It means that he is projected to end the year ranked No. 49, while Japan's Yusaku Miyazato - who started the week ranked No. 58 and finished alone in fourth - is projected to finish No. 50. Aphibarnrat finished T-15 in his Masters debut in 2016, while Miyazato will make his first appearance in the spring.

The results in Indonesia mean that American Peter Uihlein and South Africa's Dylan Frittelli are projected to barely miss the year-end, top-50 cutoff. Their options for Masters qualification will include winning a full-point PGA Tour event in early 2018 or cracking the top 50 by the final March 25 cutoff.

Cabreras take 1-shot lead in Father/Son

By Associated PressDecember 16, 2017, 11:23 pm

ORLANDO, Fla. - Two-time major champion Angel Cabrera and Angel Cabrera Jr. birdied their last three holes for a 13-under 59 to take a one-shot lead Saturday in the PNC Father-Son Challenge.

Cabrera, a Masters and U.S. Open champion, is making his debut in this popular 36-hole scramble. His son said he practiced hard for 10 days. What helped put him at ease was watching his father make so many putts.

''We combined very well,'' Cabrera said. ''When I hit a bad shot, he hit a good one. That's the key.''

They had a one-shot lead over Mark O'Meara and Shaun O'Meara, who are playing for the first time. That included a birdie on the last hole, which O'Meara attributed to the strength of his son.

''My little man hit it 58 yards by me on the 18th,'' said O'Meara, the Masters and British Open champion in 1998. ''It's a little easier coming in with a 6-iron.''

Defending champions David Duval and Nick Karavites rallied over the back nine at the Ritz-Carlton Golf Club for a 61. They are trying to become the first father-son team to repeat as winners since Bernhard and Stefan Langer in 2006. Larry Nelson won two years in a row in 2007 and 2008, but with different sons.

''I'd imagine we have to break 60 tomorrow to have a chance to win, but hey, stranger things have happened,'' Duval said. ''I've even done it myself.''

Duval shot 59 at the Bob Hope Classic to win in 1999 on his way to reaching No. 1 in the world that year.

Duval and his stepson were tied with Bernhard Langer and 17-year-old Jason Langer, who made two eagles on the last five holes. This Langer tandem won in 2014.

Jack Nicklaus, playing with grandson G.T., opened with a 68.

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Woods' 2018 schedule coming into focus ... or is it?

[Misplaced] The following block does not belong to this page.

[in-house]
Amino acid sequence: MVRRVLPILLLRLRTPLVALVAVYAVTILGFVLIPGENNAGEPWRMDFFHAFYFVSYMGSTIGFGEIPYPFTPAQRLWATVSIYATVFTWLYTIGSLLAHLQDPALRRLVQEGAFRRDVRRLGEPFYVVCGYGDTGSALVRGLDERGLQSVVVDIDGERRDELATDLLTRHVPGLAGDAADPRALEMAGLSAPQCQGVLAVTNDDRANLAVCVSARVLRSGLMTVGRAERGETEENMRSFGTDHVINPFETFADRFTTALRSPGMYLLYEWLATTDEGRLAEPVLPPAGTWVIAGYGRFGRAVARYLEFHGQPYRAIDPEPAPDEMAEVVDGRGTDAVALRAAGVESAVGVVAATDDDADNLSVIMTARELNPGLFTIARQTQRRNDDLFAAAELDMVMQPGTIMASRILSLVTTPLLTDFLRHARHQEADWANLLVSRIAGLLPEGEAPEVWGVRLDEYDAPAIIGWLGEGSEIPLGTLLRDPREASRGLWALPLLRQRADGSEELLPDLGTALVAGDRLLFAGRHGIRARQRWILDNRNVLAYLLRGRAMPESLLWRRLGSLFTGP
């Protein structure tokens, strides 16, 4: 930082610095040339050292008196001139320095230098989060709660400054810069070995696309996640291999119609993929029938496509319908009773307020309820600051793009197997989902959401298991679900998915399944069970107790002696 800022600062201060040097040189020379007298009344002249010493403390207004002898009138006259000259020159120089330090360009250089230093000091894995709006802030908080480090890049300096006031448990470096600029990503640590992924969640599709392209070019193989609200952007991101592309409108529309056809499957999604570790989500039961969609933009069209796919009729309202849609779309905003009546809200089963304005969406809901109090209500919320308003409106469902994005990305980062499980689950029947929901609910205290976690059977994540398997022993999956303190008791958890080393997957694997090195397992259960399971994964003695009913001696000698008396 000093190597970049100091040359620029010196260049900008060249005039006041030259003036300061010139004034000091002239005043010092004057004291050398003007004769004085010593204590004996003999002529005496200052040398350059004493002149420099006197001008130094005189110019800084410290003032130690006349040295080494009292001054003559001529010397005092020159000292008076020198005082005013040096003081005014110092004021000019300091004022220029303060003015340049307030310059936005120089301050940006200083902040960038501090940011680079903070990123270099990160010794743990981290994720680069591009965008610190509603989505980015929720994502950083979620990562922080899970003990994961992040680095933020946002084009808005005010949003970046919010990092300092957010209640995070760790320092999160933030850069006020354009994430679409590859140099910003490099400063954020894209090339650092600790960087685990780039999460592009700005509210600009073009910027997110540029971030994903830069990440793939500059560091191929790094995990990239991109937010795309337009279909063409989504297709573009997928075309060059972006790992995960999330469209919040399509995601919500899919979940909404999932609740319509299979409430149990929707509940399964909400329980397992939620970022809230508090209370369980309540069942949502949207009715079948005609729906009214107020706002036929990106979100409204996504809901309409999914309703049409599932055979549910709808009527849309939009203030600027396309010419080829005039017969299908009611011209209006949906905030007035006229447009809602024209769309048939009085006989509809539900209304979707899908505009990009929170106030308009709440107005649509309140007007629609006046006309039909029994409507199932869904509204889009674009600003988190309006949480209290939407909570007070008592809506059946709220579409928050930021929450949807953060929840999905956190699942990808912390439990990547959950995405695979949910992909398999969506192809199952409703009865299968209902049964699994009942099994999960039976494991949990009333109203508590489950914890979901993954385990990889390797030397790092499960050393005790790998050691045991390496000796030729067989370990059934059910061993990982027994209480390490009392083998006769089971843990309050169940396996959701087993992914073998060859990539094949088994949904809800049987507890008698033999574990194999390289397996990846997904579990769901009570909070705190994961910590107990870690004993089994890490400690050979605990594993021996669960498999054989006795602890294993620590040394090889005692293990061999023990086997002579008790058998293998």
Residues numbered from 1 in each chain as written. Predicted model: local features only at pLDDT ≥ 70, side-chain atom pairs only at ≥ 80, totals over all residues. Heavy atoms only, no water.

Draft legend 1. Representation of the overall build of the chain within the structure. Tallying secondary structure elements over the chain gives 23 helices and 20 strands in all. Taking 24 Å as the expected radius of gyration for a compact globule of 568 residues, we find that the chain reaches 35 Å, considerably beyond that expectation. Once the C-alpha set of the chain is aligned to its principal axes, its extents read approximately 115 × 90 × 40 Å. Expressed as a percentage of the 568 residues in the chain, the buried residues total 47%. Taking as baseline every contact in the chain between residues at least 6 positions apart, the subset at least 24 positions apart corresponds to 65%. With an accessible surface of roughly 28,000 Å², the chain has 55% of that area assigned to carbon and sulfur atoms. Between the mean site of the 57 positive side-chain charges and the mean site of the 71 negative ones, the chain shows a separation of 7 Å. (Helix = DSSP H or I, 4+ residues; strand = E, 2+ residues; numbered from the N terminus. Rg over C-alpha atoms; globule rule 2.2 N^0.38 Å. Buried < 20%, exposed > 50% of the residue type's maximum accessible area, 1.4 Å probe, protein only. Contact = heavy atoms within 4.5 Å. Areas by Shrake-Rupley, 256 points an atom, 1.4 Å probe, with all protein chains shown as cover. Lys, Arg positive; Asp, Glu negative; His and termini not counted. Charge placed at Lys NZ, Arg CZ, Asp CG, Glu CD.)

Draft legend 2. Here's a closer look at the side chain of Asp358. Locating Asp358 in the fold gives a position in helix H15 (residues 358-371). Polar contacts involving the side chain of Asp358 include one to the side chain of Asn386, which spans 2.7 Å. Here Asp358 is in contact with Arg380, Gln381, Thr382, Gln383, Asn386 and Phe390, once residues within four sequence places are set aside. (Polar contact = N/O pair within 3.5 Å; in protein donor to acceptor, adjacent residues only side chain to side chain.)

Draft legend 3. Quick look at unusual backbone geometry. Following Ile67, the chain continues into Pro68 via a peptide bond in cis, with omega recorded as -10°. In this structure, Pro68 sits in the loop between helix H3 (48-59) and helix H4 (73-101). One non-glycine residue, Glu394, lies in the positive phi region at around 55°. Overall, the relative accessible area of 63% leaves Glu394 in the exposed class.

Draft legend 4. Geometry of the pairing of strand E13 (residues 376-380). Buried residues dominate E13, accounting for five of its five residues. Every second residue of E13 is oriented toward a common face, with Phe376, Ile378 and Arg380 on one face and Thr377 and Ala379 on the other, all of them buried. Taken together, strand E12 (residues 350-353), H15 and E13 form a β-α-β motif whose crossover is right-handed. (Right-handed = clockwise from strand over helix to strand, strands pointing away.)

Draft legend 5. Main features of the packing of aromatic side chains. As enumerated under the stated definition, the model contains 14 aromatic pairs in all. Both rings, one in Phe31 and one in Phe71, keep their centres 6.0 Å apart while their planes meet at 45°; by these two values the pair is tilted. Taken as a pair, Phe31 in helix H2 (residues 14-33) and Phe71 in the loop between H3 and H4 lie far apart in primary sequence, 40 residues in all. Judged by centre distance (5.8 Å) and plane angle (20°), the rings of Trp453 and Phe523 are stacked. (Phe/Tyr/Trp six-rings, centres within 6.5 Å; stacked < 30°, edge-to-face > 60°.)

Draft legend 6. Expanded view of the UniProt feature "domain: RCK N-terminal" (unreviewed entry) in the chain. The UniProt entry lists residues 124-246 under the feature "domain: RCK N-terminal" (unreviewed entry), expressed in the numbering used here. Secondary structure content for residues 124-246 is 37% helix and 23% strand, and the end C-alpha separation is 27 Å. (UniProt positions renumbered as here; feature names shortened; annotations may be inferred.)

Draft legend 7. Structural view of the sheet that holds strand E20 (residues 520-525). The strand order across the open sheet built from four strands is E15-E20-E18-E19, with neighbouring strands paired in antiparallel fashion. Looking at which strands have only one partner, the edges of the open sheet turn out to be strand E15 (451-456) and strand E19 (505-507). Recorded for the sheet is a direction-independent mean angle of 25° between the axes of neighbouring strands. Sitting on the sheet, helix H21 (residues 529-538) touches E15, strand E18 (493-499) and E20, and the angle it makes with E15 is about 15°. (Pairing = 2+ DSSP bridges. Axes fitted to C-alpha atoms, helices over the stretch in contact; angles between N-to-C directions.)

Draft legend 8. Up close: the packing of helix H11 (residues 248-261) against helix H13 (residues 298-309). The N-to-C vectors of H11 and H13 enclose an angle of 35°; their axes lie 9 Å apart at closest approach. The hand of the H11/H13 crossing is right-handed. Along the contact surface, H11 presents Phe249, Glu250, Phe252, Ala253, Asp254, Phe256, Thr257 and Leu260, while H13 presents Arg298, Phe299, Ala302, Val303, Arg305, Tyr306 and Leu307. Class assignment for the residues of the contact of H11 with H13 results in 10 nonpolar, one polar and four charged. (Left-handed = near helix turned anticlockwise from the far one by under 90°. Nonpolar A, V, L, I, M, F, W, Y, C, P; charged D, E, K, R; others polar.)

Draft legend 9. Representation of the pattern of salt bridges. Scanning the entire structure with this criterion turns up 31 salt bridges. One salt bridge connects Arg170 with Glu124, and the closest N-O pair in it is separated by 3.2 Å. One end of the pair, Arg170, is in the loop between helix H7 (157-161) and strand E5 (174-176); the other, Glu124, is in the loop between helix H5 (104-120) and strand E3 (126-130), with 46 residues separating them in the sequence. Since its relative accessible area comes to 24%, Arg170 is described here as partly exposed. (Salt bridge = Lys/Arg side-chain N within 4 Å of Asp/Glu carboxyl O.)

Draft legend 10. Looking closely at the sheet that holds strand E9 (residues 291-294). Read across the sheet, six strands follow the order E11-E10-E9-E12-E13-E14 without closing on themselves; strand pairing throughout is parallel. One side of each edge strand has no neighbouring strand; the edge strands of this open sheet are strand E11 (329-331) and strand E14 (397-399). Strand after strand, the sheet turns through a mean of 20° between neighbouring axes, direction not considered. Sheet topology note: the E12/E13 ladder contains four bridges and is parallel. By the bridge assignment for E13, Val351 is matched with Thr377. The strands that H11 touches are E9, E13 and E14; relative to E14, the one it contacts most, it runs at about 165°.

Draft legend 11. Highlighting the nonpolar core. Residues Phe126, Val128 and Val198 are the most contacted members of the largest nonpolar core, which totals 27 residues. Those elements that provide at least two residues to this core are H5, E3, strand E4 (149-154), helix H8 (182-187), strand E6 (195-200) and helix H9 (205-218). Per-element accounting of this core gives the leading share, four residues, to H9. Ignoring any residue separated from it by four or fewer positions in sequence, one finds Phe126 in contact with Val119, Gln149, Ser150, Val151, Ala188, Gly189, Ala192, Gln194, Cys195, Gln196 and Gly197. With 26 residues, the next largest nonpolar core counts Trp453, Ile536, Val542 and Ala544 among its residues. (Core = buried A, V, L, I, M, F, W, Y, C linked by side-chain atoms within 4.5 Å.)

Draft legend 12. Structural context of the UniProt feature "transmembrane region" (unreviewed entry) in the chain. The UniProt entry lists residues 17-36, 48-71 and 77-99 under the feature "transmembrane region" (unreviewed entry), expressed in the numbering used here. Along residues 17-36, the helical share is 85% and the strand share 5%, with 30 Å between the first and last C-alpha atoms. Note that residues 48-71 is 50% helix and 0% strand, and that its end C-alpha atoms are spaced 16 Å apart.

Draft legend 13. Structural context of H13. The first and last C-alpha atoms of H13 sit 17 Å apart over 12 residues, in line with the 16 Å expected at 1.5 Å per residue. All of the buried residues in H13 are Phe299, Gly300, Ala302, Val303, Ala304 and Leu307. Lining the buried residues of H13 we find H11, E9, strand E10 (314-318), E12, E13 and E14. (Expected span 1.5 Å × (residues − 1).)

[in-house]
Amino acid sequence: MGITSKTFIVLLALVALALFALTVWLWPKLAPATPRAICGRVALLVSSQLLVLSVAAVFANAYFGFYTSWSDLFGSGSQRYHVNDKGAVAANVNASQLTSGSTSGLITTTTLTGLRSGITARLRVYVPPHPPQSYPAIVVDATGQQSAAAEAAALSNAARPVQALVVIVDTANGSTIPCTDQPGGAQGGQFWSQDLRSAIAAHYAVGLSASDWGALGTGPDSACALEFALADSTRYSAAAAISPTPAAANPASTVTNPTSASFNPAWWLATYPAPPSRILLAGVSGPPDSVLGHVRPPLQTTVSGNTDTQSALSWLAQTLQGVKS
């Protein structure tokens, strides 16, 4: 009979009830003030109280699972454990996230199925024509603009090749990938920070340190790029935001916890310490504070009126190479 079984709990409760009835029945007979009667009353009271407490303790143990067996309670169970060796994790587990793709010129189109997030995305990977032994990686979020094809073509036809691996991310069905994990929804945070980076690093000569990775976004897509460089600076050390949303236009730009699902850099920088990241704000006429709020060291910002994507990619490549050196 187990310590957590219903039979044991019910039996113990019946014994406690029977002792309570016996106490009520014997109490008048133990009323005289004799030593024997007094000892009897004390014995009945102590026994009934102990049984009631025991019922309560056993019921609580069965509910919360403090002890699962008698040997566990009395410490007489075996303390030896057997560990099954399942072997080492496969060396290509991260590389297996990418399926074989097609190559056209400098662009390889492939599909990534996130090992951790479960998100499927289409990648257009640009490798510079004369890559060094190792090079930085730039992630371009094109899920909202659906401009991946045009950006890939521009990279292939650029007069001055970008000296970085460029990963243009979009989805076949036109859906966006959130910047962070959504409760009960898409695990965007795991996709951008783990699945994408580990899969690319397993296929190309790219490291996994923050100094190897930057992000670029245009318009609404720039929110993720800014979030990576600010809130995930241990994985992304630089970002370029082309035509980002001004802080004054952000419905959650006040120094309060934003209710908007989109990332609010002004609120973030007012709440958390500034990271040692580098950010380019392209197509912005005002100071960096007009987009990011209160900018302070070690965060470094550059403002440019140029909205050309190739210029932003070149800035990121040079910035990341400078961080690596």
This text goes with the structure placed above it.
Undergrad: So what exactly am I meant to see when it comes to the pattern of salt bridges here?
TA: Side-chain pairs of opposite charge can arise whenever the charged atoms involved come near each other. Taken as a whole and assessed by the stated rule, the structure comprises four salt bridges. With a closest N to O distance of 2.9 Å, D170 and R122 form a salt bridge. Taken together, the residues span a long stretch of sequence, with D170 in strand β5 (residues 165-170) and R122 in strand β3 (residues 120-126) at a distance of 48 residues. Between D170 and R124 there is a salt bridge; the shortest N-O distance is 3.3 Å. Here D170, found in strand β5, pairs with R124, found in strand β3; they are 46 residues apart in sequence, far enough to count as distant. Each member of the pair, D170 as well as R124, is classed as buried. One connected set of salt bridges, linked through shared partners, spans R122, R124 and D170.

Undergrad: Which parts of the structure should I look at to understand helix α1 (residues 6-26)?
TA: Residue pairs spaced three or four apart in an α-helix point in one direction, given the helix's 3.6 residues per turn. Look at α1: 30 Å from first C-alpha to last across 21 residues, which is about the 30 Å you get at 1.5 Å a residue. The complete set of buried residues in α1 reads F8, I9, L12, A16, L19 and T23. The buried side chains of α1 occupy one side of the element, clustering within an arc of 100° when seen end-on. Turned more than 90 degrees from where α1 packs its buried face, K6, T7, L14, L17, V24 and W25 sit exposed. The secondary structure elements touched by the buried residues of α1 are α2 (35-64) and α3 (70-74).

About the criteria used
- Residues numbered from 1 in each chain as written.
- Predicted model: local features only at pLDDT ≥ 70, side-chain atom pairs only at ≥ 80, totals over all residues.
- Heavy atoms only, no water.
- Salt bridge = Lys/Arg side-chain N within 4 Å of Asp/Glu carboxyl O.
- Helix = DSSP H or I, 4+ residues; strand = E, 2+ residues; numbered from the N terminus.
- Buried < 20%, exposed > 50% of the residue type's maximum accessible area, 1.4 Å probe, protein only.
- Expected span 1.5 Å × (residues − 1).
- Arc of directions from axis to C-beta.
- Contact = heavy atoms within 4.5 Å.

By Golf Channel DigitalDecember 16, 2017, 5:46 pm

Two weeks after his successful return to competition at the Hero World Challenge, Tiger Woods’ 2018 schedule may be coming into focus.

Golfweek reported on Saturday that Woods hopes to play the Genesis Open in February according to an unidentified source with “direct knowledge of the situation.”

Woods’ agent Mark Steinberg declined to confirm the 14-time major champion would play the event and told GolfChannel.com that Woods – who underwent fusion surgery to his lower back in April – is still formulating his ’18 schedule.

Woods’ foundation is the host organization for the Genesis Open and the event supports the Tiger Woods Learning Center in Anaheim, Calif.

The Genesis Open would be Woods’ first start on the PGA Tour since he missed the cut last January at the Farmers Insurance Open.

Rose weathering delayed Indonesian Masters

By Associated PressDecember 16, 2017, 3:52 pm

JAKARTA, Indonesia - Justin Rose held a three-stroke lead after eight holes of the third round Saturday when play was suspended for the day due to bad weather at the Indonesian Masters.

Rose was 3-under on the day and led his playing partners Kiradech Aphibarnrat and Scott Vincent. The Englishman led both players by a stroke after the second round was completed Saturday morning due to weather delays on Friday.

Brandt Snedeker withdrew with apparent heat exhaustion on Friday on the 11th hole of the second round. Ranked 51st in the world, he flew to Jakarta looking to move inside the top 50 by the end of the year and ensure a spot in next year's Masters.